Stimulation of 5-HT2 receptors in prefrontal pyramidal neurons inhibits Cav1.2 L-type Ca2+ currents via a PLCβ/IP3/calcineurin signaling cascade

Michelle Day, Patricia A. Olson, Josef Platzer, Joerg Striessnig, D. James Surmeier

Research output: Contribution to journalArticlepeer-review

73 Scopus citations


There is growing evidence linking alterations in serotonergic signaling in the prefrontal cortex to the etiology of schizophrenia. Prefrontal pyramidal neurons are richly innervated by serotonergic fibers and express high levels of serotonergic 5-HT2-class receptors. It is unclear, however, how activation of these receptors modulates cellular activity. To help fill this gap, whole cell voltage-clamp and single-cell RT-PCR studies of acutely isolated layer V-VI prefrontal pyramidal neurons were undertaken. The vast majority (>80%) of these neurons had detectable levels of 5-HT2A or 5-HT2C receptor mRNA. Bath application of 5-HT2 agonists inhibited voltage-dependent Ca2+ channel currents. L-type Ca2+ channels were a particularly prominent target of this signaling pathway. The L-type channel modulation was blocked by disruption of Gαq signaling or by inhibition of phospholipase Cβ. Antagonism of intracellular inositol trisphosphate signaling, chelation of intracellular Ca2+, or depletion of intracellular Ca2+ stores also blocked this modulation. Inhibition of the Ca2+-dependent phosphatase calcineurin prevented receptor-mediated modulation of L-type currents. Last, the 5-HT2 receptor modulation vas robustly expressed in neurons from Cav1.3 knockout mice. These findings argue that 5-HT2 receptors couple through Gαq proteins to trigger a phospholipase Cβ/inositol trisphosphate signaling cascade resulting in the mobilization of intracellular Ca2+, activation of calcineurin, and inhibition of Cav1.2 L-type Ca2+ currents. This modulation and its blockade by atypical neuroleptics could have wide-ranging effects on synaptic integration and long-term gene expression in deep-layer prefrontal pyramidal neurons.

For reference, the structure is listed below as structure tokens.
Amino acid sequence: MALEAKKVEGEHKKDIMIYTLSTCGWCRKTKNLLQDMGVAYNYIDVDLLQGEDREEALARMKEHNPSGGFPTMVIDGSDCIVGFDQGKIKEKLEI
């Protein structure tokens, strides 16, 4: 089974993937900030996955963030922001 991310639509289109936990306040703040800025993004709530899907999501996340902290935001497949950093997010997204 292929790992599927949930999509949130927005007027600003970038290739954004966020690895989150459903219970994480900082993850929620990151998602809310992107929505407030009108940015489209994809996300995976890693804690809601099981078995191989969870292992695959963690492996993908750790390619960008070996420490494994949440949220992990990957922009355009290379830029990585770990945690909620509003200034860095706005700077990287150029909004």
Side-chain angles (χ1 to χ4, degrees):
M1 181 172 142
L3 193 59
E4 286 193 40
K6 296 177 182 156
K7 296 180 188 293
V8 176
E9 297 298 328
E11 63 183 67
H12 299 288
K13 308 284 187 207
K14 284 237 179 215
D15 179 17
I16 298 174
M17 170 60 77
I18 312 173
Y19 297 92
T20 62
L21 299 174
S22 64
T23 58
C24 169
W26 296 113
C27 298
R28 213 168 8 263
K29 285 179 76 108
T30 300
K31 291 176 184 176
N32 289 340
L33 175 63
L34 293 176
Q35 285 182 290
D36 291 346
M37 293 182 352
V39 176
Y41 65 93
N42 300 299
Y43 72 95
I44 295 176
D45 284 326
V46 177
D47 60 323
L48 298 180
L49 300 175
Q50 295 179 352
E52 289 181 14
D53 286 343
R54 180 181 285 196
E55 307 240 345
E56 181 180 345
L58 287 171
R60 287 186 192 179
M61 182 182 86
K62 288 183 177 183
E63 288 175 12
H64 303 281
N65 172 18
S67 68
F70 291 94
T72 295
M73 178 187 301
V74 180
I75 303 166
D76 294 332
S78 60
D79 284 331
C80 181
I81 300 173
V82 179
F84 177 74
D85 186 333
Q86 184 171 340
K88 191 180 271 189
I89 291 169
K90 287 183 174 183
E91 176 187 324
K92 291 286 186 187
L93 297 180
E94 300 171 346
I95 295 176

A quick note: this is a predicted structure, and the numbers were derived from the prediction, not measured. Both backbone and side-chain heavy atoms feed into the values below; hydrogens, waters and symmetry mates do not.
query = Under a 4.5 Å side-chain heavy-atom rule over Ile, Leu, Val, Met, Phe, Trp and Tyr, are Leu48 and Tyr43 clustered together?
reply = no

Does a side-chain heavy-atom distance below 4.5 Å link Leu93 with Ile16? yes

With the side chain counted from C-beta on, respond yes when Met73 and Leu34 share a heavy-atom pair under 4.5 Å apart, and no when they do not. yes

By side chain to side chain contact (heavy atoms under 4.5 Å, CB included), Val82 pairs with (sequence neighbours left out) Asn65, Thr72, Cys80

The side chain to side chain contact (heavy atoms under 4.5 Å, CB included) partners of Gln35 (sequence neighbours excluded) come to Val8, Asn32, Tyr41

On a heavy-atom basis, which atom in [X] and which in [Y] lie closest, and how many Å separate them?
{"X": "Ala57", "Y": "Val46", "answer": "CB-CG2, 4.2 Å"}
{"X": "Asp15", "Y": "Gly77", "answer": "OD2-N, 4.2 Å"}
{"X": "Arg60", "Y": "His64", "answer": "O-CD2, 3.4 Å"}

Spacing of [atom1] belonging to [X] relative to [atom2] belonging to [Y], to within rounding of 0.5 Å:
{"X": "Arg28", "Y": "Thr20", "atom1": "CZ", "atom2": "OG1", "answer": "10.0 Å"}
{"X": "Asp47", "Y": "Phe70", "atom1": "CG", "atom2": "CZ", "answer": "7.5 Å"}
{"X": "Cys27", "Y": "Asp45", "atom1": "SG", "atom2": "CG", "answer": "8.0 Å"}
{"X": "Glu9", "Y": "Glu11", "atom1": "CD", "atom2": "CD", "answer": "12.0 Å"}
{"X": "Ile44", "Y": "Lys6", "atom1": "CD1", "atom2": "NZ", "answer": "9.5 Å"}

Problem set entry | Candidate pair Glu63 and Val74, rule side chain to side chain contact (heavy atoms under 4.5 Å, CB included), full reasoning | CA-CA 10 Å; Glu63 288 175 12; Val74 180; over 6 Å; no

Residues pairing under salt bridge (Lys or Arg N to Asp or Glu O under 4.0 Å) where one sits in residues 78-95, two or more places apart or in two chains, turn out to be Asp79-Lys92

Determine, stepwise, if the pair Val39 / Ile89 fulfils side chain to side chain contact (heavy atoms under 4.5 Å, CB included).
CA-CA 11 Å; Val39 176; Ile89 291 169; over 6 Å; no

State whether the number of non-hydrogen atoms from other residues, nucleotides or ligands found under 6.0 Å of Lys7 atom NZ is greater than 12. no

Original languageEnglish (US)
Pages (from-to)2490-2504
Number of pages15
JournalJournal of neurophysiology
Issue number5
StatePublished - 2002

ASJC Scopus subject areas

  • Neuroscience(all)
  • Physiology


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